There is a window of opportunity to rethink Cohesion policies –its objectives, conditionalities and budget allocation criteria. According to Robin Huguenot and Alison Hunter, from the European Policy Centre, in their recent paper “Cohesion Policy: How can the EU sustain solidarity and investment at the same time?” (Panorama, 61, 2017), the rise of populism and Euroscepticism, in the 2008 financial and economic crisis aftermath, particularly among disadvantaged groups, has increased pressure on the EU to strengthen its investment and solidarity instruments, especially Cohesion Policy. On the other hand, it is also true that with Brexit expected to lead to substantial EU budget cuts, Cohesion Policy (CP) is likely to have a smaller budget in the next multi-annual financial framework with additional, new priorities. Effectiveness in driving EU cohesion is, once again, under review. Excessive bureaucracy, criticisms of ‘circular funding’, lack of fit between spend and need, and funding absorption challenges. There is a need for a full assessment of how CP can champion EU solidarity while ensuring that funding is delivered in a sustainable way. There is a wide consensus in the need for a bold reform of Cohesion Policy. Different alternatives are being discussed. The European Structural and Investment Funds (ESIF) introduced in the 2014-2020 as Common Strategic Framework (CSF) already aimed to rationalise EU investments –translating the objectives of the EU Growth Strategy into workable actions for the use of all funds, and therefore future ESIF can be further linked to the EU objectives at large, somehow diluting the original inter-regional solidarity purpose and limiting the role of local and regional institutions. The Cohesion Policy solidarity impact could also be reinforced to deal with the increasing disparities within cities and regions, as well as with neighboring countries, risking social inclusion and exacerbating political conflicts; having Cohesion policy a high visualisation it could also favour to counter-balance rising Euroscepticism –but this impact has also being disputed. The application of adequate ex-ante macro-economic governance conditionalities will improve the positive impact of the funds.

The EU project requires fresh momentum, underpinned by bold reform of CP. To enhance its credibility and purpose, the policy’s economic, social and territorial objectives should be repositioned at the core of the EU project. CP’s relevance and value should be better integrated and communicated across the entire EU policy and funding framework streamlining the rules and delivery systems and aligning CP with economic governance to increase scale efforts and leverage investment. Some of new proposals may face resistance. However, in the current environment, it is in the interest of all CP partners to seriously consider possible reforms to make the future policy fit for purpose post 2020. The worst of all outcomes would be a cut in funding without grasping the opportunity for reform and prioritization.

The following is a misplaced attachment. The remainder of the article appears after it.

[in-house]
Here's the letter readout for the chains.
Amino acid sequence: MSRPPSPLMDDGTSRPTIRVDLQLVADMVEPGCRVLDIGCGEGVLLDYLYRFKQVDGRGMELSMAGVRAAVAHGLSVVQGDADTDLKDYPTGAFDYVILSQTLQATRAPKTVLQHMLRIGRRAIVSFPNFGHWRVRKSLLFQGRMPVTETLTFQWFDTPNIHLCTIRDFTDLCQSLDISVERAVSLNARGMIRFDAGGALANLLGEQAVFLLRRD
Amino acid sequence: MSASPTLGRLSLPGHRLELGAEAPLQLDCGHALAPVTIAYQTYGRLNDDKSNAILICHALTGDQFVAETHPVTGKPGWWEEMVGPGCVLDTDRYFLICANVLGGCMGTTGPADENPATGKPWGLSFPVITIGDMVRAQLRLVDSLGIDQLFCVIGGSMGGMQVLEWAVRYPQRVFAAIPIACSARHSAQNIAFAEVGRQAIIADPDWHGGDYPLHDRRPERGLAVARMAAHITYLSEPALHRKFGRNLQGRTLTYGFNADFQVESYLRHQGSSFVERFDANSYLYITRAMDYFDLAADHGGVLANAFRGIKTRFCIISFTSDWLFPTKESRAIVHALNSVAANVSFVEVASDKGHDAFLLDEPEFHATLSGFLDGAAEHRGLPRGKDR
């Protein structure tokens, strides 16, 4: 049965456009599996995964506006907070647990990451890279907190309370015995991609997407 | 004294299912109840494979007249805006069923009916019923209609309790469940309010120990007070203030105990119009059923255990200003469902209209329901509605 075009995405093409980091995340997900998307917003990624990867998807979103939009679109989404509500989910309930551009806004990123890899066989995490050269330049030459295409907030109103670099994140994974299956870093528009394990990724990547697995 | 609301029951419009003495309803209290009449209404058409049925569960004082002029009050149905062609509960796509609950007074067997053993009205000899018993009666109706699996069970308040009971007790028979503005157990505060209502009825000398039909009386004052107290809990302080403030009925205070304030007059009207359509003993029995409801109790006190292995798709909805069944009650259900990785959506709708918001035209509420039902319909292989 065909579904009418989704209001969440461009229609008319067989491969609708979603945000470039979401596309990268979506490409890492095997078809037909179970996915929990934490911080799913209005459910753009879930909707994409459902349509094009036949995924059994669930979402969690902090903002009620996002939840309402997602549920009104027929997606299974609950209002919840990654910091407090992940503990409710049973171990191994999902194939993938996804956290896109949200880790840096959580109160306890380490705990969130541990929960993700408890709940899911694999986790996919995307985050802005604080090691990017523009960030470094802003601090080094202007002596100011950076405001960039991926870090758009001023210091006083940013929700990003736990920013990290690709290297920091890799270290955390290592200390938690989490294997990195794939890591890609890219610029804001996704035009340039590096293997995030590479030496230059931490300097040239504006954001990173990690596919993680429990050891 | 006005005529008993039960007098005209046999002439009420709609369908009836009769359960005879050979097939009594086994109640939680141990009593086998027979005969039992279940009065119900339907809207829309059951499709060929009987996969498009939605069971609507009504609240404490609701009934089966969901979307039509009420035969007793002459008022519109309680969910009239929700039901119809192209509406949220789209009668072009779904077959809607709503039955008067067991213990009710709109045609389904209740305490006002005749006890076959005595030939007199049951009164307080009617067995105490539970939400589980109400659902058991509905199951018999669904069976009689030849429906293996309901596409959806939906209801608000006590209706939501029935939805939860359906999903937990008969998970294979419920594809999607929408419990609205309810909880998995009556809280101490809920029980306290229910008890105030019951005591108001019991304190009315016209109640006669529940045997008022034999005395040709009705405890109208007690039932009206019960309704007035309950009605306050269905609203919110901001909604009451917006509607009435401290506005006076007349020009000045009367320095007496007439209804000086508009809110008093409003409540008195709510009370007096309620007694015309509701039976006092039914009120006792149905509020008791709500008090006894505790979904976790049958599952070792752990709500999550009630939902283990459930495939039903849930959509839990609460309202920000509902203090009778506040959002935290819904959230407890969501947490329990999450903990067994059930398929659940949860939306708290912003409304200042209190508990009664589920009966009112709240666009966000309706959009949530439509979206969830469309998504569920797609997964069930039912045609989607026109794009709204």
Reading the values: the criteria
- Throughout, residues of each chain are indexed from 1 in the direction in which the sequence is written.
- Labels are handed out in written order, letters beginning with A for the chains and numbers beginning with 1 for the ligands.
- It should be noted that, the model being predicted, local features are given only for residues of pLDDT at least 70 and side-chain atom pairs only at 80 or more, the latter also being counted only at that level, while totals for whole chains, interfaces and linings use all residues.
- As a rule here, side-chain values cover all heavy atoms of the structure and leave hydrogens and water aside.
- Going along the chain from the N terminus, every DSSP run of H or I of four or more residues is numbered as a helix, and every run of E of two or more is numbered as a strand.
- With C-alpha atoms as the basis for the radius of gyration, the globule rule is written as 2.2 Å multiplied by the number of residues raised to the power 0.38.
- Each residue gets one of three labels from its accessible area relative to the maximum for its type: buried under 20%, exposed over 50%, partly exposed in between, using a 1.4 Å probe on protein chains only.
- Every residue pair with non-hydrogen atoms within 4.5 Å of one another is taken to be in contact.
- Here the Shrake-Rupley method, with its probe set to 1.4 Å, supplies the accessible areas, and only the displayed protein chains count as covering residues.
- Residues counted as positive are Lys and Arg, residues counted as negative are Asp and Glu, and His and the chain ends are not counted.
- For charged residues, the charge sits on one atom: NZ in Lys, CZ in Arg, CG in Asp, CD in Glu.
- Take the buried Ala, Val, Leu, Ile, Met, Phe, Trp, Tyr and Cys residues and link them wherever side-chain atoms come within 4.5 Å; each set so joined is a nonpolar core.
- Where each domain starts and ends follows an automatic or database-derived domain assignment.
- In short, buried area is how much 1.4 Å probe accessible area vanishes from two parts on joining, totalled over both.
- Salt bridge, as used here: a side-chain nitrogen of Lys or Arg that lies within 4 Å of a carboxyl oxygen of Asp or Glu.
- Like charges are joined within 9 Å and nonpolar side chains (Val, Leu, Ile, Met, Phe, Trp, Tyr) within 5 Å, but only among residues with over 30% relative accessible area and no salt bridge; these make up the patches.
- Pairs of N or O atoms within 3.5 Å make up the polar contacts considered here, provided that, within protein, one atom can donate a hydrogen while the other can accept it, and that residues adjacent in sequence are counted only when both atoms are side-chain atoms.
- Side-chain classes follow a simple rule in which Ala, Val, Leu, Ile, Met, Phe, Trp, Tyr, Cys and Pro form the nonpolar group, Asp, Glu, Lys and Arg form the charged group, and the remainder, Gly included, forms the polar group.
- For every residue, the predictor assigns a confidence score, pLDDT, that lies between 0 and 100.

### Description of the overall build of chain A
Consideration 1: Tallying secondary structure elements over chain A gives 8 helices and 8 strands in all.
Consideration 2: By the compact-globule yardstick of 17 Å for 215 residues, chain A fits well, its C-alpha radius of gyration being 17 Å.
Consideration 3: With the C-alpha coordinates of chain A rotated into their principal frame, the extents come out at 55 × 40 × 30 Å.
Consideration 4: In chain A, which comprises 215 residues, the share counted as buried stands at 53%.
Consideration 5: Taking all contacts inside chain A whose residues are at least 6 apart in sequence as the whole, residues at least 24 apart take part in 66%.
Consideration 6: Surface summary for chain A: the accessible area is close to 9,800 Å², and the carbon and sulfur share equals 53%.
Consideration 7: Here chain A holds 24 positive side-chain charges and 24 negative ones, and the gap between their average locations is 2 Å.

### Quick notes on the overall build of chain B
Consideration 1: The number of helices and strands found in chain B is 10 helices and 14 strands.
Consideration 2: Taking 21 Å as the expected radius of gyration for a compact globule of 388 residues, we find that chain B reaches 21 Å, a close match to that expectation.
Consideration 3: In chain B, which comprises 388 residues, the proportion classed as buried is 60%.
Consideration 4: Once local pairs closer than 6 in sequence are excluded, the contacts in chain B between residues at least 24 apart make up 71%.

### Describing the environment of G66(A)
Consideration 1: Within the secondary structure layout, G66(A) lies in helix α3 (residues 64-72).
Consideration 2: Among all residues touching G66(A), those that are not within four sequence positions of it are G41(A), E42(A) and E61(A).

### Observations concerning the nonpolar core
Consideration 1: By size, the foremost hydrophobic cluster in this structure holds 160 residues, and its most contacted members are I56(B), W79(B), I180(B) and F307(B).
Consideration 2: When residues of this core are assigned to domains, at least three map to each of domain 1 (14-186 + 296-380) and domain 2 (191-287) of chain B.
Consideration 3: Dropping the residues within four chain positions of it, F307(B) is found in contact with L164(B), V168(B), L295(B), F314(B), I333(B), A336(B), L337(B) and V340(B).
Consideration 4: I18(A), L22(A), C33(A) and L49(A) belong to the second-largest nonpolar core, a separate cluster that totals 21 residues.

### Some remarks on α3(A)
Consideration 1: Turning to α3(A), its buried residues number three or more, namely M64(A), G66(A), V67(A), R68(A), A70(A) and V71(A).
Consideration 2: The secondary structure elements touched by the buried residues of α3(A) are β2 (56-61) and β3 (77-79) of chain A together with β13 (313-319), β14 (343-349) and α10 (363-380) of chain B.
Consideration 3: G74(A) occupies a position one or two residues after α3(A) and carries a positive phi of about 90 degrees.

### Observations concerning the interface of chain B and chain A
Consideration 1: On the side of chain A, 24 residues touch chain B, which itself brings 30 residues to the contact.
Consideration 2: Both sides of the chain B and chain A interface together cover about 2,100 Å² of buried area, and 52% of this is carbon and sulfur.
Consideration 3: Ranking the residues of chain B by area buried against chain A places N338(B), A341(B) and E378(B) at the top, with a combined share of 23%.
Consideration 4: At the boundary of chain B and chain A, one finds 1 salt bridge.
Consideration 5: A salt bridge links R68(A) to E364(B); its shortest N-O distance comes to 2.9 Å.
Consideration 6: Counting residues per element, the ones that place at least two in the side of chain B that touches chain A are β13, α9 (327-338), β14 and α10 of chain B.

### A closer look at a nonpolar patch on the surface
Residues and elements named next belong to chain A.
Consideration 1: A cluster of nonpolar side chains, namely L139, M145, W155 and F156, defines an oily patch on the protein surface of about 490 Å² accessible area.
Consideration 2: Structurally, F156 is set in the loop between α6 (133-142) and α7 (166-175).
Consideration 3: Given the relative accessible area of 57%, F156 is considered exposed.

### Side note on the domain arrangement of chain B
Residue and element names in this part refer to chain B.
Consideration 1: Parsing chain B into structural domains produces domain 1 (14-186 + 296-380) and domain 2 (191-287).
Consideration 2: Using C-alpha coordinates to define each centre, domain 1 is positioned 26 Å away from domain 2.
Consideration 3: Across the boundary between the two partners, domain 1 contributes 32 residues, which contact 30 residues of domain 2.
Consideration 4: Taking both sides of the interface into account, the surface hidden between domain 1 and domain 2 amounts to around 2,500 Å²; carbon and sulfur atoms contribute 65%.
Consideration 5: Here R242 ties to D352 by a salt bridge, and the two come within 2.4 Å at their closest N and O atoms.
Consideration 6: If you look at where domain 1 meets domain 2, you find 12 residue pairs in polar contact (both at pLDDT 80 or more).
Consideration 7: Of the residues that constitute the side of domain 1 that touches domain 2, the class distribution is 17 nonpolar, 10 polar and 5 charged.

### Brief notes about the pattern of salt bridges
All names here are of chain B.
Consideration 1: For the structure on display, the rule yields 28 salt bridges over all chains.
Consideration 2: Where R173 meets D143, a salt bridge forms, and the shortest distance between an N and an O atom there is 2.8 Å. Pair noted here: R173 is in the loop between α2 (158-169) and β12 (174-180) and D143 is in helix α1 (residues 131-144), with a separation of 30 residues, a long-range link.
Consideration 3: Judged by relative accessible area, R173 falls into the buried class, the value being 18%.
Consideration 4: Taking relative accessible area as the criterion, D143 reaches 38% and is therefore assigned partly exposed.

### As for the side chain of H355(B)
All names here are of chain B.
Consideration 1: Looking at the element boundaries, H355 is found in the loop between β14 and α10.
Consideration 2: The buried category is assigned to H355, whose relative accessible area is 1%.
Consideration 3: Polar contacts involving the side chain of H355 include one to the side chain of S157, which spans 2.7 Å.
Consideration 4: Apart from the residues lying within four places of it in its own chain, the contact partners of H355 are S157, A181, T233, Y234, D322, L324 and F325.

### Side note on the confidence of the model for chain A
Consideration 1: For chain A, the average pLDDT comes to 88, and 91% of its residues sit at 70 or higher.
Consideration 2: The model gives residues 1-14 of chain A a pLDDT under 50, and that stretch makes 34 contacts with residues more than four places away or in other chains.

The Cohesion Policy has no yet the explicit political goals and targets that most other European policies have, and this would be a key interest of a European Territorial Framework. Other sectors have developed policies with a more or less explicit territorial dimension such as Transport and Energy (e.g. with the Trans‐European Networks), and Environment (e.g. with Natura2000), but the synergies of them in a given place remain just implicit. The policy aim of territorial visions, and Framework Reference documents is therefore to contribute to give more coherence sectorial policies, as well as a provide for a more explicit territorial basis for the best allocation of European Structural and Cohesion Funds across territories and sectors.

We believe, on the other hand, that the intense policy debates generated during the 2008 economic crisis in relation to Europe as a project, and more in particular in relation to the contradictory impact of Cohesion policies on different economic circumstances and territories, indicates the necessity of rethinking European Cohesion policies for the next period up to 2030 and advancing towards a Territorial Reference Framework a new Territorial Agenda post-2020. The necessity to rethink Cohesion policies in the context of possible budget cuts after Brexit opens a window of opportunity for bold reforms.

Despite a general consensus on the importance of the territorial dimension for economic growth, social equity, and sustainability, as well as the relevance of the “place-based” approach to facilitate policy coordination among sectors when applied at urban and regional scale, policy processes in the field of territorial development are not sufficiently linked to those in other decisive fields.

A number of policy visions for the development of the European territory have been developed over the years aiming to provide for the basis for a possible European territorial development policy framing Structural Funds (created in 1975), and then Cohesion Funds (created in 1992). It is fair to say, according to the ESPON 2013 research project, ET2050 – ‘Territorial Scenarios and Visions for Europe’, that many of these visions, despite their value have had a political influence bellow their initial ambition. Therefore, a good understanding of the merits and limitations of the previous experiences is indispensable, as much as an in-depth understanding on nowadays debates, in the economic crisis aftermath, after Brexit. It is from the recognition of all previous efforts that it is likely building up political legitimacy from all previous efforts. According to Böhme K. et al (2011) almost twenty years of intergovernmental cooperation on territorial development among the EU Member States (cf. European Spatial Development Perspective, Territorial Agenda of the European Union) has barely reinforced multiannual programming in relation to EU development (or Cohesion) policy (cf. Lisbon and Gothenburg Strategies, Europe 2020‘ Strategy). No serious attempt has been made to more effectively link these two processes together in order to explore their synergies and thus to avoid paying the high price of non-coordination. Numerous reasons stand behind this unintentional but long-lasting separation of policies at the EU level. Among the most important are: